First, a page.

General Mills bows first protein cereal

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With low-carbohydrate diets threatening the nearly $7 billion ready-to-eat cereal category, General Mills later this month will introduce Total Protein, the first mainstream cereal designed to appeal to the low-carb lifestyle.

The launch, supported by an estimated $20 million ad effort that bows in April, comes as marketers in carb-laden categories quickly ramp up with lower-carb substitutes (AA, Jan. 5) and is expected to kick off a rash of low-carb cereal competitors. General Mills had planned the introduction of Total Protein for later in the year, but according to retail executives, the company stepped up the launch multiple times in order to beat their competition to the punch.

In a note about Kellogg Co. recently from Prudential Securities, food analyst John McMillin said that Kellogg management had in October called the rise of the Atkins diet a "non-factor" for its cereal business but more recently acknowledged that it is slowing down the overall U.S. cereal category.

world of atkins

Jeff Montie, president-Kellogg's Morning Foods Division, North America, would not comment on the likelihood of a low-carb cereal launch except to say, "we're pretty good about staying in tune with what consumers want." Kellogg sales executives have intimated to retail buyers that such a launch is close at hand.

"When you're essentially a grain-based company in the world of Atkins, you have to offer something that's going to appeal to those consumers," said Evan Morris, food analyst with UBS Warburg.

Total Protein is made with a combination of wheat gluten, wheat flour and whey protein and coated with sucralose sweetener (brand name Splenda) and honey-roasted almond butter, which decreases its net carbohydrates to 8 grams and offers 13 grams of protein. That compares to 23 carbohydrate grams and 2 protein grams in flagship Total.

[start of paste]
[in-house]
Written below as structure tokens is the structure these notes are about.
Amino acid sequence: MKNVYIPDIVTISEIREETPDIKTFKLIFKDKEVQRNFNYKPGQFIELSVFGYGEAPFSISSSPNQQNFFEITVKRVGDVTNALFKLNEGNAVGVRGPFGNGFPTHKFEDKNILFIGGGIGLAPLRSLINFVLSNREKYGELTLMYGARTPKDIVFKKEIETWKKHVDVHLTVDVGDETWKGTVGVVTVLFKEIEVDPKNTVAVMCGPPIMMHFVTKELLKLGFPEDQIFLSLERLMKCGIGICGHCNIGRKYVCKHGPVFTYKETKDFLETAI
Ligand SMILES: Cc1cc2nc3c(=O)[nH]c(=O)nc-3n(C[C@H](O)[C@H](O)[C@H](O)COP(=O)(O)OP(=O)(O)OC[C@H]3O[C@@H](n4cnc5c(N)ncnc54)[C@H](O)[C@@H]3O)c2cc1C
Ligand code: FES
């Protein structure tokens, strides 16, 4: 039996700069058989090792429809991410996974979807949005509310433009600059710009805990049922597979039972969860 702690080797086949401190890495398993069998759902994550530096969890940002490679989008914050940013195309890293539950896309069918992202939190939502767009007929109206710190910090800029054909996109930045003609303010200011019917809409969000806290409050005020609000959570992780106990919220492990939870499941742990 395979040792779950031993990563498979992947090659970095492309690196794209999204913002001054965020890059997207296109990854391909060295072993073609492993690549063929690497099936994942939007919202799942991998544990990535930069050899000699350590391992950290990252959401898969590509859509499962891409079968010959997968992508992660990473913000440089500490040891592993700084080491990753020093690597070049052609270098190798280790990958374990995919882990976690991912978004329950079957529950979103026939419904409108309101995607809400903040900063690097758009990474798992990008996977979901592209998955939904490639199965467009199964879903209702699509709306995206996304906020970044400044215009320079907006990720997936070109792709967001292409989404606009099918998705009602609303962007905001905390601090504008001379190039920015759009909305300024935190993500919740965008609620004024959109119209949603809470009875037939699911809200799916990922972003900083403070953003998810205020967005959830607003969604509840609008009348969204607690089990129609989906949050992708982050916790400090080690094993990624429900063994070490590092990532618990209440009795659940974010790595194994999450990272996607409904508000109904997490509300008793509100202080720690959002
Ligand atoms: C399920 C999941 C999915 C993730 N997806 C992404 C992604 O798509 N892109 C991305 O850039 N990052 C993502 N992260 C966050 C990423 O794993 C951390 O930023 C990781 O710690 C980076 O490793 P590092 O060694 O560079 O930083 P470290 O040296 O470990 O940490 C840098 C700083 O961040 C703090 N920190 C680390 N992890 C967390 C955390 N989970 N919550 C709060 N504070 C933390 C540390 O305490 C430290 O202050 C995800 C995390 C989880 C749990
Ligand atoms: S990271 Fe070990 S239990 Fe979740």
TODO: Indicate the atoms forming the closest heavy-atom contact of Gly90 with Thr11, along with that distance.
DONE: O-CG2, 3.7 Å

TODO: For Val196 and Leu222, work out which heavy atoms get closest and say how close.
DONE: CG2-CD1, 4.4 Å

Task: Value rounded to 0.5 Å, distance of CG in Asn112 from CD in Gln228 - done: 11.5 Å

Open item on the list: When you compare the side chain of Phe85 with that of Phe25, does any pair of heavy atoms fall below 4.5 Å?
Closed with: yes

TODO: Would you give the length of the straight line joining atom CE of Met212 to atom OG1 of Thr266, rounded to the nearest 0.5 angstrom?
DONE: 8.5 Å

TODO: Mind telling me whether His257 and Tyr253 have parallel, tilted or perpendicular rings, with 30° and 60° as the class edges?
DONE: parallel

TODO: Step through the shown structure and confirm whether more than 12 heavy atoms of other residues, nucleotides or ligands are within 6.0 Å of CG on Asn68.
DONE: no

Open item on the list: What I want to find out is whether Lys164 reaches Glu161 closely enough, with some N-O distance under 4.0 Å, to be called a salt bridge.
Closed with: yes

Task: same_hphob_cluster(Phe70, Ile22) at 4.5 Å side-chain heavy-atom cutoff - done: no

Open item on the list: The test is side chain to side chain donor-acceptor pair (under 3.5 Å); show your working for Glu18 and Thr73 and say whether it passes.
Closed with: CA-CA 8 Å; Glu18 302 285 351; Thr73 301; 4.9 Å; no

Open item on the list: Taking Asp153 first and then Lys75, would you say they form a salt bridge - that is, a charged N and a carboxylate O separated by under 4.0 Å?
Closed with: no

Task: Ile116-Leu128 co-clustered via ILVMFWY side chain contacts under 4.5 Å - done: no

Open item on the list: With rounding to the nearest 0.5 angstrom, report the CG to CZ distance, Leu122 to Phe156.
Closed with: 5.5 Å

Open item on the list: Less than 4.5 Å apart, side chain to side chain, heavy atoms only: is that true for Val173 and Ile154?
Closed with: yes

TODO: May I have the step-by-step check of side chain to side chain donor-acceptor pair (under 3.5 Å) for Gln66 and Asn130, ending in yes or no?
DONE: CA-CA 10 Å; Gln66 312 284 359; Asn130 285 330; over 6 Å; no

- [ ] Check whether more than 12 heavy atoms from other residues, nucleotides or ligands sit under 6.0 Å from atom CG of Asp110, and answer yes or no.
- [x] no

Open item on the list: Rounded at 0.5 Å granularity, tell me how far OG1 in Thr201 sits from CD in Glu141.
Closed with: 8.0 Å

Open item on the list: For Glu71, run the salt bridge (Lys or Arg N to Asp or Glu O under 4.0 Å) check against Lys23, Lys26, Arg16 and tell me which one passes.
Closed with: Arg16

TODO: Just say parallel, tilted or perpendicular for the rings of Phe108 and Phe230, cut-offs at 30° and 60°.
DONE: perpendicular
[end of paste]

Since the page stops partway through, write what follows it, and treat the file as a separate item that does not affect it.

A General Mills spokesman said TV and print ads touting the new extension, from Publicis Groupe's Saatchi & Saatchi, New York, will position it as a good option for people looking to keep fit and control their weight.

Limited grains

The now-popular South Beach diet, like Atkins, recommends consumers steer clear of higher-glycemic carbohydrates, but allows for limited whole grains such as those contained in General Mills' Total, Wheaties and Cheerios, along with Kellogg's All Bran and Special K.

Total ranks 19th among cereal brands, with sales for the year ended Dec. 28 down 0.5% to $90 million, according to Information Resources Inc. Despite its ranking, however, Total is General Mills' third highest advertised brand behind Cheerios and Honey Nut Cheerios. TNS Media Intelligence/CMR data shows General Mills spent $32 million on Total during the first 10 months of 2003.

Total Protein will sell for roughly 50¢ more than a slightly larger box of regular Total but still far less than Atkins' Nutritionals' Morning Start cereals. Despite the surcharge, retailers call the item "hot" and a "must-have."

According to Iris Shaffer, executive director of the newly established Low-Carb Manufacturers Alliance, eating eggs and Canadian bacon on low-carb diets is time-consuming and gets old fast. "People like their cereal in the morning, and while General Mills may be the first of the established brands to enter the market, you'll definitely see others there soon."

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